This usually becomes a problem when the model contains a large number of raster images, for example to show things like renderings on sheets in addition to model-based Revit views.

Firstly, take a look at all raster images in your model by going to Insert > Manage Links > Images (or Insert > Manage Images in earlier Revit versions). Pay close attention to the Count value of each one. If this shows as 0, you should select and delete it from your Revit file.

Secondly, look at the Size column. Revit does a good job in letting you scale and resize images inserted into the model. However, this will mask the problem of using unnecessarily large images. Revit will absorb the image’s file size into the model’s total size. Simply making it smaller in your views or sheets won’t make your files smaller.

Note that if on an earlier Revit version, you won’t have this Size column because previously, the Manage Images window was more basic. In this case, use this Revit plugin to export all material bitmaps from your project to a folder, then turn on the Dimensions column to view the same information.

If you’re serious about optimising your Revit file size, the next step is replace any images of unnecessarily large dimensions. To do this:

  • Locate the image in your folder or file system using the Path or Saved Path column in Revit’s Manage Images window
  • Scale it down using any capable software, such as Photoshop or even MS Paint!
  • In Revit, go back to Manage Links or Manage Images
  • Select the image to be replaced, and click Reload From
  • Browse to the scaled down version and click OK
  • Rinse and repeat


We have nothing against in-place components where they are absolutely necessary. However, you will rarely be able to justify their use except from modelling one-off occurrences of really complex geometry. Even when this happens, it’s a good idea to later on replace the in-place component with an external family with identical shape and properties.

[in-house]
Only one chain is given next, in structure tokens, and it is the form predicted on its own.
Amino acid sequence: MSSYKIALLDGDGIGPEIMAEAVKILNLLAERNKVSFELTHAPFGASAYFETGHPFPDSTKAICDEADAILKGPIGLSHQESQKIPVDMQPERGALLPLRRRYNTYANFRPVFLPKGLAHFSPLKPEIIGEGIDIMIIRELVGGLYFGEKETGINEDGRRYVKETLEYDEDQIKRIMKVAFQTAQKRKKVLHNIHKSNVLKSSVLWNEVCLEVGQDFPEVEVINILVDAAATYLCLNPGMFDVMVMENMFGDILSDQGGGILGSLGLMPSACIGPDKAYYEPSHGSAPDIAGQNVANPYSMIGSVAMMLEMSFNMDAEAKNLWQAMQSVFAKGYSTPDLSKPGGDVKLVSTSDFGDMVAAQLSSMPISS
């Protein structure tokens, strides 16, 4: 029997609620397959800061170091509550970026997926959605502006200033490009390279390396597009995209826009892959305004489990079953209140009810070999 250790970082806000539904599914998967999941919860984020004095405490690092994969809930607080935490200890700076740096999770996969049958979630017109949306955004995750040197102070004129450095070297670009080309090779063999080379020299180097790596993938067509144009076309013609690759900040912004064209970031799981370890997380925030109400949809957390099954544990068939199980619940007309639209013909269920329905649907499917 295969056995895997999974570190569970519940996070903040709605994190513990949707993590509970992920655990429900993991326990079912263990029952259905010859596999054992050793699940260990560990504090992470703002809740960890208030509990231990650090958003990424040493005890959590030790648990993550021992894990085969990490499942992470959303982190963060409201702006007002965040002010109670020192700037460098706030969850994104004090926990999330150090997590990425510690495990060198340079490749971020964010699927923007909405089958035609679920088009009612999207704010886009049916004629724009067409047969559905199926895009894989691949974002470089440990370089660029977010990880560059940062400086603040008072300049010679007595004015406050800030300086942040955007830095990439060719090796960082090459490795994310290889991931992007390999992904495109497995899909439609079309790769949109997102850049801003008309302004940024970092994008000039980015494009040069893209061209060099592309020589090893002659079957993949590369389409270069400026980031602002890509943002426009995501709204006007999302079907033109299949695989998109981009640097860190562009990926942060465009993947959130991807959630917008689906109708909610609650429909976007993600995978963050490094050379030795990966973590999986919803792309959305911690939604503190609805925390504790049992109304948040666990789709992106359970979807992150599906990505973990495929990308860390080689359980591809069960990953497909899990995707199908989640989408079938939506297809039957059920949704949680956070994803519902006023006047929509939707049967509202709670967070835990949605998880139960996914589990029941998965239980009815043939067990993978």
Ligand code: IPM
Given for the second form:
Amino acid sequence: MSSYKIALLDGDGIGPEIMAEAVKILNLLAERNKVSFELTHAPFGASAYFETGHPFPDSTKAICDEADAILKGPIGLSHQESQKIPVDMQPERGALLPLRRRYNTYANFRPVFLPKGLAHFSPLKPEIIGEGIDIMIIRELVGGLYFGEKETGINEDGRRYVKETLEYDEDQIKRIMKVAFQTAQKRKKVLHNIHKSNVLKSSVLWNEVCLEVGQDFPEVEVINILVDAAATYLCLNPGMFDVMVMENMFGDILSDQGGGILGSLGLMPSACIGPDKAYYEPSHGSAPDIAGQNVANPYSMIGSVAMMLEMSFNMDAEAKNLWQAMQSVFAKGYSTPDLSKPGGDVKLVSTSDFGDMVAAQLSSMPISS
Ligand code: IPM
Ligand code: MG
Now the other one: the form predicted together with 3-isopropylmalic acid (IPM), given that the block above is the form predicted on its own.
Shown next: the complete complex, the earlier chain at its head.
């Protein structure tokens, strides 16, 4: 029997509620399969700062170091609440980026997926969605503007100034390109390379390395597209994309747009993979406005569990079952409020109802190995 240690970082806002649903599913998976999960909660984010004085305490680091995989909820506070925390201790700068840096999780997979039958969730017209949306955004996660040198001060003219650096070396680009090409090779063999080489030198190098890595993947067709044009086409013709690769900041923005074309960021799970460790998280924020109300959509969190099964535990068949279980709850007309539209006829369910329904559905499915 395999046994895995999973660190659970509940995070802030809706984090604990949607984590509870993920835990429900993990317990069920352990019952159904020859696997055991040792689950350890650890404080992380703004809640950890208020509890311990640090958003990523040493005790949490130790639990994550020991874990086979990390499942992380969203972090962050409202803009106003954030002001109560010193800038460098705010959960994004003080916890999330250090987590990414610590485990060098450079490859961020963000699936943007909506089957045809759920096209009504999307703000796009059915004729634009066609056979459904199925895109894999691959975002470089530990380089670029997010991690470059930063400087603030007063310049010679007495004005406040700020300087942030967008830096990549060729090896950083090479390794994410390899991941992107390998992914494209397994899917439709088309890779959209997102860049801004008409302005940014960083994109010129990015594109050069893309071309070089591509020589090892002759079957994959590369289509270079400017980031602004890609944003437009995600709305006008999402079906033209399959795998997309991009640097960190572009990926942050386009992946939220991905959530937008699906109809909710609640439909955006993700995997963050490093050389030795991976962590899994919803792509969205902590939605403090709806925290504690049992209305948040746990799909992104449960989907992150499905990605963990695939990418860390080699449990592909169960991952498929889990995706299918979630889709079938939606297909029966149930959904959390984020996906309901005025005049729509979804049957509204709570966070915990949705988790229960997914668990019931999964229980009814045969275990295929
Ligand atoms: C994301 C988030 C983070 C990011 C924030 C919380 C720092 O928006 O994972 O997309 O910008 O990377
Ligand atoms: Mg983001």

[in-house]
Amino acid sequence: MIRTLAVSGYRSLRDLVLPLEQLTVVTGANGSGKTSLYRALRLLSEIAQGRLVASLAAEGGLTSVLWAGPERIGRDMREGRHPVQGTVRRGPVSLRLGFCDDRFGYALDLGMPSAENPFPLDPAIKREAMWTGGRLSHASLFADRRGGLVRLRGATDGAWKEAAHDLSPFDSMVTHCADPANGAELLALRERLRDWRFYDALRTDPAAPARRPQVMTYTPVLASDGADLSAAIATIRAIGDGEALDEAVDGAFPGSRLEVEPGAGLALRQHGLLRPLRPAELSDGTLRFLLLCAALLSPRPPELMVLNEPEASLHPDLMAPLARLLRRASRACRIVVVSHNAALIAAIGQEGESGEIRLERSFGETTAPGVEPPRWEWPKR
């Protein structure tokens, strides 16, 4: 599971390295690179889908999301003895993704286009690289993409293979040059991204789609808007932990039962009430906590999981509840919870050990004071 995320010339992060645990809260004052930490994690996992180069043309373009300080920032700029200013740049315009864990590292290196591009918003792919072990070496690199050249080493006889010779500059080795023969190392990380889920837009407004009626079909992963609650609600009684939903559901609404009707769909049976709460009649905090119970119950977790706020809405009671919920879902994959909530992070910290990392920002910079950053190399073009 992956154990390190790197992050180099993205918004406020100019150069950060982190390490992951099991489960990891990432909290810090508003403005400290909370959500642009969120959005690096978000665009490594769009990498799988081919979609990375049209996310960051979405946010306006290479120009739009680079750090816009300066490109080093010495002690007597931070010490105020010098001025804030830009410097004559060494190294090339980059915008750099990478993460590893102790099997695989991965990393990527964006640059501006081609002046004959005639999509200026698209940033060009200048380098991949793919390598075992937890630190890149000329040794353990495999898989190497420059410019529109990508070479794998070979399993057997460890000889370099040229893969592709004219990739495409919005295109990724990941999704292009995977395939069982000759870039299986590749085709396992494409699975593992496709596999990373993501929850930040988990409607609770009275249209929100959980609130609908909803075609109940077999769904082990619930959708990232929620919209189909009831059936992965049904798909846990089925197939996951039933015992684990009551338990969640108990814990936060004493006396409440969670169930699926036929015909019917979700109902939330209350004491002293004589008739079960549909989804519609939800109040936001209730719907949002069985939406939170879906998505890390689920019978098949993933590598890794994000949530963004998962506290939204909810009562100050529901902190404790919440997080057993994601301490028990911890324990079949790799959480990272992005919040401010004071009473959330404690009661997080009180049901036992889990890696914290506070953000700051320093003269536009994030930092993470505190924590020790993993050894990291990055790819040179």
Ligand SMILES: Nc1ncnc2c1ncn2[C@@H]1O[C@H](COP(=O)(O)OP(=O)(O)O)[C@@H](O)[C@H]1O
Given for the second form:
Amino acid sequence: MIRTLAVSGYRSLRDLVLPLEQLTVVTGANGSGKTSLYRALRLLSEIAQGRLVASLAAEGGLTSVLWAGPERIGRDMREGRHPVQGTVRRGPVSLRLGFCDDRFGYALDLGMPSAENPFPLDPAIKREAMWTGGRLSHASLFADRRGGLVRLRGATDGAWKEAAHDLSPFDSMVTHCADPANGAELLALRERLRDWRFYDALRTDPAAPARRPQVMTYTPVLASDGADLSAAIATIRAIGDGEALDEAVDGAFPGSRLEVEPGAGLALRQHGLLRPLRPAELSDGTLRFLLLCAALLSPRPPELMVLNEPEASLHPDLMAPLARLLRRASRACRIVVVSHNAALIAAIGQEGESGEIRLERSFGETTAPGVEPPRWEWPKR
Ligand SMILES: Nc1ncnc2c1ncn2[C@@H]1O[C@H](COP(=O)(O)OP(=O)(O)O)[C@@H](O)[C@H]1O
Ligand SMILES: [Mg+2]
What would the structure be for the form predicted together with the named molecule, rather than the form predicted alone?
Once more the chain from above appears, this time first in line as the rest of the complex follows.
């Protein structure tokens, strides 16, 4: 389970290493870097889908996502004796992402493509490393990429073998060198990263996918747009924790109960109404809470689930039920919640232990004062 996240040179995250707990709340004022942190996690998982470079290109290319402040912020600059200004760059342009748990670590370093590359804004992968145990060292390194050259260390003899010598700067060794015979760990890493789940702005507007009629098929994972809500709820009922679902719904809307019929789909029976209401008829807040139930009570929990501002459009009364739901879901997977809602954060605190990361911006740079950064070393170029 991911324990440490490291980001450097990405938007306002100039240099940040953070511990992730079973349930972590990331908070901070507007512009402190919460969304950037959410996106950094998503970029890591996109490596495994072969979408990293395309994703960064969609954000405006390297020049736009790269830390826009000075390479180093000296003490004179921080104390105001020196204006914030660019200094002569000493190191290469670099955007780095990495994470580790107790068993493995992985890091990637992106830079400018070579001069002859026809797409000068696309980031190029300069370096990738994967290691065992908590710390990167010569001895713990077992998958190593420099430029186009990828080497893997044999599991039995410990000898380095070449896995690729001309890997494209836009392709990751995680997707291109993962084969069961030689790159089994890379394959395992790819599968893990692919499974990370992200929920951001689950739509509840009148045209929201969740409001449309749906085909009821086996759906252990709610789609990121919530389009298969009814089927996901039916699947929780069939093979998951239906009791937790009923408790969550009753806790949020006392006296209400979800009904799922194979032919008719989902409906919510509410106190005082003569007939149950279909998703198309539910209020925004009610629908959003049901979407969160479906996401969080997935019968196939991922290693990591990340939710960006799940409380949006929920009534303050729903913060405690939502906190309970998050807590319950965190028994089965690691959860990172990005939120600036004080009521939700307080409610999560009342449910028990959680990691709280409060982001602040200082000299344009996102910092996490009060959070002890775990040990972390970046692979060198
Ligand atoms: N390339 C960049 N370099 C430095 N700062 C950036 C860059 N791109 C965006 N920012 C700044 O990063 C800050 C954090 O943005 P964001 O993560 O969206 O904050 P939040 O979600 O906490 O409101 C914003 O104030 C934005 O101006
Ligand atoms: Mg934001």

In terms of file size, in-place components is an issue, especially once you start copying them. If you place 10 copies of a Revit family loaded from outside the model, only 1 object definition is saved in your project file. This allows having the smallest file size possible.

In contrast, creating 1 in-place component and copying it 10 times will add 10 different object definitions to your model. This means the model has to get bigger to show the same geometry and data to you. To avoid wasting disk space storing identical object definitions like this, always try to replace in-place components with proper Revit families.


You have probably realised by now that there are lots of steps involved in cleaning a Revit model. However, the bigger problem is remembering to do these cleaning tasks frequently every time your model gets big again. This is tricky as you don’t always have time for this kind of maintenance. What if you can combine all these steps into a model cleaning routine and run the whole combination of tasks with one single click whenever necessary?

Well, now you can with RV DeepClean! To find out more, check out the video below and get the app for free from here.


If you have completed all the above, well done! At this point, we should do a final Purge Unused to remove anything which just became redundant after our previous steps. For example, if you have removed all instances of a group in the model, the group type can now be purged.

Finally, do a Save As with the Compact File option checked. This will ensure Revit recreate the file to contain only its core, essential data. Doing this allows the file size to reduce to the minimum.


Keeping file size of large Revit models under control takes discipline, and you’ll need to repeat all tricks in this guide as the project progresses. With tips and Revit plugins we introduced however, this hopefully should become a straightforward process. It’s never too late to revive a slow and sluggish Revit model!